The violence near the Israeli-occupied Golan has jarred Israel, which this week twice shot back after stray Syrian fire hit its side -- the old foes' first armed engagement over the strategic plateau since 1973.
Israel had warned Assad to prevent violence spilling over, but on Wednesday its defense minister, Ehud Barak, said the Syrian ruler's hold was undergoing "painful disintegration".
"Almost all of the villages at the foot of this ridge, and on upward, are already in rebel hands," Barak said during a visit to the Golan, referring to the eastern foothills that where Syria's army has been battling insurgents.
"The Syrian military is displaying ever-diminishing efficiency," Barak said.
Prime Minister Benjamin Netanyahu, who accompanied Barak to the Golan on a trip kept under wraps until they departed, said Israel was worried that its Golan troops and settlers might come under fire and that enemy forces might penetrate the plateau.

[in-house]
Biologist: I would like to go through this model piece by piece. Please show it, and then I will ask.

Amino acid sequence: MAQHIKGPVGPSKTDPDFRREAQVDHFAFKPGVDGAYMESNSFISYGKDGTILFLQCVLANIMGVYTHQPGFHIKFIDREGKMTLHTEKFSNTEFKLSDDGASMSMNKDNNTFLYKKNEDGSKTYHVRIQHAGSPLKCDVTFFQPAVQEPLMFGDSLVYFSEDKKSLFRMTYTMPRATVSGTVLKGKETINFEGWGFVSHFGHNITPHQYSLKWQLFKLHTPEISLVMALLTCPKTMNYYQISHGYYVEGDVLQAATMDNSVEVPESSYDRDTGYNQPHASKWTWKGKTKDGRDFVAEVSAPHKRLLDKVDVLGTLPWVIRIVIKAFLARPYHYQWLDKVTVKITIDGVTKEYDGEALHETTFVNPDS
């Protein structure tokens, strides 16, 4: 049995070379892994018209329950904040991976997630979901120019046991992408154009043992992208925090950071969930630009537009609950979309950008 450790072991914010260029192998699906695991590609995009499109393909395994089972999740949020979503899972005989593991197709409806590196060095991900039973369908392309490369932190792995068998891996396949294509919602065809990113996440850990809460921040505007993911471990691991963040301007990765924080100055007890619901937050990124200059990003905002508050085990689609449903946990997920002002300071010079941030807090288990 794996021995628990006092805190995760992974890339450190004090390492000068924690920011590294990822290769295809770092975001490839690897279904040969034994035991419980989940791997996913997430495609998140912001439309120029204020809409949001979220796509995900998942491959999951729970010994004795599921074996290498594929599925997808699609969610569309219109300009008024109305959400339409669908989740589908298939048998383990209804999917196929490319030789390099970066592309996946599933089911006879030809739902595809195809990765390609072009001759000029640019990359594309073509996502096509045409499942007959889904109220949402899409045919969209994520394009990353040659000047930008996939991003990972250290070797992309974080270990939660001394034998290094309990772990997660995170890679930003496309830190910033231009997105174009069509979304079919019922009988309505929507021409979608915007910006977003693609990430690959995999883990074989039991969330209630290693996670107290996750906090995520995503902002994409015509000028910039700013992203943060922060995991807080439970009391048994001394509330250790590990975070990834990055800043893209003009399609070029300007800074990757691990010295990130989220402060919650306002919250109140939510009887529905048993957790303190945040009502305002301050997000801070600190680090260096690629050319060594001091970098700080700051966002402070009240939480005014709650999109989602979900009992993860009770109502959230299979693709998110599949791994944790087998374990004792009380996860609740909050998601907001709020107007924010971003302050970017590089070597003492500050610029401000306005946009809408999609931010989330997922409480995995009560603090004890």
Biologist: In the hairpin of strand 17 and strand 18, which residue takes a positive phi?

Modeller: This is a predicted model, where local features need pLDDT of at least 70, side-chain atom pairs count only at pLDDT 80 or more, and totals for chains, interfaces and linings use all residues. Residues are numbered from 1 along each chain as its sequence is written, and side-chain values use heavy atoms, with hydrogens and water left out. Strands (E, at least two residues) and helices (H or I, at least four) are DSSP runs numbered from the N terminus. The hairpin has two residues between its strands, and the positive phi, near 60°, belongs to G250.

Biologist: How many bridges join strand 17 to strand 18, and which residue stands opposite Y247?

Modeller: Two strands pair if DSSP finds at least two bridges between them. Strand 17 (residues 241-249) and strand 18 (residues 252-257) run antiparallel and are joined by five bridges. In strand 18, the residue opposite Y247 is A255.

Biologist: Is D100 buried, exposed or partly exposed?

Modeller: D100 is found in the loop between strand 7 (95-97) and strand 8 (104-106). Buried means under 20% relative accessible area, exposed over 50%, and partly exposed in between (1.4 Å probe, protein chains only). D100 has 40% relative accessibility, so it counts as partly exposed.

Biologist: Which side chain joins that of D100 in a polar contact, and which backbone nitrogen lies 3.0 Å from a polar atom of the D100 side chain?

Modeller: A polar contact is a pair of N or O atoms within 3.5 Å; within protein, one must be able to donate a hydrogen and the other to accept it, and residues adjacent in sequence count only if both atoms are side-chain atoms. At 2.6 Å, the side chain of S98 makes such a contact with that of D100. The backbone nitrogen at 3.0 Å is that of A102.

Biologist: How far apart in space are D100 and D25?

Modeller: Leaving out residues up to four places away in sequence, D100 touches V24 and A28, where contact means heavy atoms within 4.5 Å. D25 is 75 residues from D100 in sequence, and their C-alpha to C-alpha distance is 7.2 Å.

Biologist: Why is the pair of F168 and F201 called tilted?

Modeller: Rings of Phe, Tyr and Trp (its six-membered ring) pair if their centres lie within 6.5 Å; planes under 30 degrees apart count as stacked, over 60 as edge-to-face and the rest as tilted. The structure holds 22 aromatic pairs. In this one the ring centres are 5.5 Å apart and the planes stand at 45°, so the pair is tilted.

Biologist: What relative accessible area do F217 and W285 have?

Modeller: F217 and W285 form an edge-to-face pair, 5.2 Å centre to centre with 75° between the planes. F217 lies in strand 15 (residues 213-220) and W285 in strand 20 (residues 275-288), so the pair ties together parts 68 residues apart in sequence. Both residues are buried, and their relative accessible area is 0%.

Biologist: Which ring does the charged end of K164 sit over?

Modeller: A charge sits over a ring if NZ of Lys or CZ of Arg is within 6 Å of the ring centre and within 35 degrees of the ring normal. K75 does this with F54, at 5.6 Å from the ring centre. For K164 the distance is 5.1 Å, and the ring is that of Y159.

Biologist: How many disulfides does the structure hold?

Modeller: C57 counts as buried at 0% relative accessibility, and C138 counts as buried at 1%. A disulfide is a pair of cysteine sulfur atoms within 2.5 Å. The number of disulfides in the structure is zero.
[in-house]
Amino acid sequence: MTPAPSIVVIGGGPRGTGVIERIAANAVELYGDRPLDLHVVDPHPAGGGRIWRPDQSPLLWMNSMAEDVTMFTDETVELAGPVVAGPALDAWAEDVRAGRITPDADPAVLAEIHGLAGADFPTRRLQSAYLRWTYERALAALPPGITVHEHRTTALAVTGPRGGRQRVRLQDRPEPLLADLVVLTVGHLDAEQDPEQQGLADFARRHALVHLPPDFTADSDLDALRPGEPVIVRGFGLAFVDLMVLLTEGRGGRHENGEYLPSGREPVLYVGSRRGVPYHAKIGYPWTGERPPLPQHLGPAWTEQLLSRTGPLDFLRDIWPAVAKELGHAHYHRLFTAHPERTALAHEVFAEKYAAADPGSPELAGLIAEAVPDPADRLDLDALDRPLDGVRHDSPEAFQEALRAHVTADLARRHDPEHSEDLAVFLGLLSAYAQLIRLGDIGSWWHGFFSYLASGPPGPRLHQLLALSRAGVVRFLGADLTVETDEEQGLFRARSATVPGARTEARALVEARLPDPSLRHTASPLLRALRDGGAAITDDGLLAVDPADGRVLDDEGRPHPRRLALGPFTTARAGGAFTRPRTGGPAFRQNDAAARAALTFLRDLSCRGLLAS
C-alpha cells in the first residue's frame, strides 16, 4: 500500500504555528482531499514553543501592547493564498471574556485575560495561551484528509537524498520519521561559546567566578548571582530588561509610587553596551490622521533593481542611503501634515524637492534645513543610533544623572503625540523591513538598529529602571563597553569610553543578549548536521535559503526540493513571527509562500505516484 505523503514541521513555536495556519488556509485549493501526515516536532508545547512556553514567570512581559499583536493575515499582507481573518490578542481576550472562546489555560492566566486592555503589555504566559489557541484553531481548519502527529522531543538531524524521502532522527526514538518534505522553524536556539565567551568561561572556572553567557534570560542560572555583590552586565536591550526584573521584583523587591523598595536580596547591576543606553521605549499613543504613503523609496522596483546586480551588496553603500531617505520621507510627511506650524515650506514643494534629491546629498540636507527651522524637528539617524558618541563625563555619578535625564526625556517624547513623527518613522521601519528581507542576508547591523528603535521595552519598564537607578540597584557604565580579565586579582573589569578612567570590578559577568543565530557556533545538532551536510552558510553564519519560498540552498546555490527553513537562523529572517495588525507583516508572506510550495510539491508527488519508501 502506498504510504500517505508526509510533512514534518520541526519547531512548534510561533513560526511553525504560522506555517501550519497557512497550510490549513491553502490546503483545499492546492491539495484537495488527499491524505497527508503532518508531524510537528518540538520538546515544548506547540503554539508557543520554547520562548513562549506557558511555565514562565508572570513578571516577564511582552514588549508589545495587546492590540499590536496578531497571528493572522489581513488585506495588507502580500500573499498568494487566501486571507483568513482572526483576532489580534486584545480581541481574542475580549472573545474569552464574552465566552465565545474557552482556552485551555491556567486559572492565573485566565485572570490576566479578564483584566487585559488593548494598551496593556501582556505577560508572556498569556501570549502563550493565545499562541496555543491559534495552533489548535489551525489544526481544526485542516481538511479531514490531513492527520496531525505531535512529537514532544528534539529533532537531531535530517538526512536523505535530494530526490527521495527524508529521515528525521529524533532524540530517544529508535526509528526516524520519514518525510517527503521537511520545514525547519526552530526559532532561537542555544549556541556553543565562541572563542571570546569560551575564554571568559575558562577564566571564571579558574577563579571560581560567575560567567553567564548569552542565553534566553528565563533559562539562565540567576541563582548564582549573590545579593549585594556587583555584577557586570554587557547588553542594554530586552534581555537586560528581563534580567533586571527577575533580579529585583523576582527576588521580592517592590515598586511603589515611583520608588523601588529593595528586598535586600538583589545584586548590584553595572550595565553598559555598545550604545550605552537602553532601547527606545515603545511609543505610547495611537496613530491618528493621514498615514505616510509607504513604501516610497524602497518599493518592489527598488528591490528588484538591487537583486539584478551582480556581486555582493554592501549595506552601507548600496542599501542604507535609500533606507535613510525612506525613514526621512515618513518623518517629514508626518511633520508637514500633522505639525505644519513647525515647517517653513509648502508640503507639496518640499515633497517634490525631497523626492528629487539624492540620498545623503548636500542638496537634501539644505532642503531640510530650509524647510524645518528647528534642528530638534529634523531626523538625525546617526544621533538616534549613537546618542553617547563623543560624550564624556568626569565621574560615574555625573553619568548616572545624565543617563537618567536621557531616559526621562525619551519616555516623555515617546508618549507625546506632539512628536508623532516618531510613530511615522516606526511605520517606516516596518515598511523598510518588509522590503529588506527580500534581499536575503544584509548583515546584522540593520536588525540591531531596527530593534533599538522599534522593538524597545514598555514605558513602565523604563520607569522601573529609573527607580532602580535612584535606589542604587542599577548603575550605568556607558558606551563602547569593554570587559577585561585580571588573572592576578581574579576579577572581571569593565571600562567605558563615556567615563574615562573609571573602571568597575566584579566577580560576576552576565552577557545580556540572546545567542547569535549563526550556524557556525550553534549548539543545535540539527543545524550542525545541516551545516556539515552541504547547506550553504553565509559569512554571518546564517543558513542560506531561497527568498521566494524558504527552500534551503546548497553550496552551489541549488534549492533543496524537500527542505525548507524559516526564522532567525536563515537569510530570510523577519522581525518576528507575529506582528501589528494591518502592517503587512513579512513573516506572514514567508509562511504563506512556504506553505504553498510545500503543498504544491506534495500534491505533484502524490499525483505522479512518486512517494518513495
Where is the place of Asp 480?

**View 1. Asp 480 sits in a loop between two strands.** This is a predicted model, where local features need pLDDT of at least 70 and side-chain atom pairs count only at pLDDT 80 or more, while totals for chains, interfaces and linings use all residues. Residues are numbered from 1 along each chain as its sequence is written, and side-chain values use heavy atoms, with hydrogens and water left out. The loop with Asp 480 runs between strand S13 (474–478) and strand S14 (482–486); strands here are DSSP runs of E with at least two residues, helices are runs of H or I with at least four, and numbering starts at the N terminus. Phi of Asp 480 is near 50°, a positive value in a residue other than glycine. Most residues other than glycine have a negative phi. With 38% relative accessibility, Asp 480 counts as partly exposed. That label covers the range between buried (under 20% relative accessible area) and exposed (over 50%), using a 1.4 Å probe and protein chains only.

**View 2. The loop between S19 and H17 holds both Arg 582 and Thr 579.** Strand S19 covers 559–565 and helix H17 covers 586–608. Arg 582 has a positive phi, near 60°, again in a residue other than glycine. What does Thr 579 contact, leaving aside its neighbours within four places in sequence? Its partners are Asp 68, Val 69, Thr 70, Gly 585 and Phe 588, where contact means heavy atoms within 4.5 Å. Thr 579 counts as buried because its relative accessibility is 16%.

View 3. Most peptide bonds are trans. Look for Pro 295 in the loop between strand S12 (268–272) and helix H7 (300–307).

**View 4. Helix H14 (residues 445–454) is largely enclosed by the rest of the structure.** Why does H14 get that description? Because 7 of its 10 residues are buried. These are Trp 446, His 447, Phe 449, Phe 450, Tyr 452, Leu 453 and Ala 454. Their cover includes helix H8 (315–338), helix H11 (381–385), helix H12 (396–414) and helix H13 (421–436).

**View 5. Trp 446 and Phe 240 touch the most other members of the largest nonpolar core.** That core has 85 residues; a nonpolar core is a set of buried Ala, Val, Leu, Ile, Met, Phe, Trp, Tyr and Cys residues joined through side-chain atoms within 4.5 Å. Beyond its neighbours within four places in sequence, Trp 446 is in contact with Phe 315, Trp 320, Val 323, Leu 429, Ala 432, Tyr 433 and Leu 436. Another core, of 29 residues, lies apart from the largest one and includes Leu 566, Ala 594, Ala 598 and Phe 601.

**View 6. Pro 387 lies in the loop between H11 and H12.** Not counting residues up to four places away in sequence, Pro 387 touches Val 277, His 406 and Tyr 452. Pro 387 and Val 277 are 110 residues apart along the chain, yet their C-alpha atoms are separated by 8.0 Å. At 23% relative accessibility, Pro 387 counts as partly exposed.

In a separate statement, Netanyahu said there were "cracks" in Assad's regime and that "forces from the global jihad, even more hostile to Israel (were) taking hold" within Syria.
"Global jihad" is Israel's term for al-Qaida and its affiliates around the world.
With the Golan relatively quiet on Tuesday after two days of shooting across the ceasefire line, Israeli television showed images of Syrian troops withdrawing and said Israel had received assurances that the Syrians would try not to fire over the line.
Israel's Foreign Ministry said on Wednesday it knew of no such message from Syria, and the United Nations observer force on the Golan declined comment.
JERUSALEM (Reuters) -- Syrian President Bashar Assad's forces are faltering against rebels, some of whom are dug in on the eastern foothills of the Golan Heights, Israel said on Wednesday.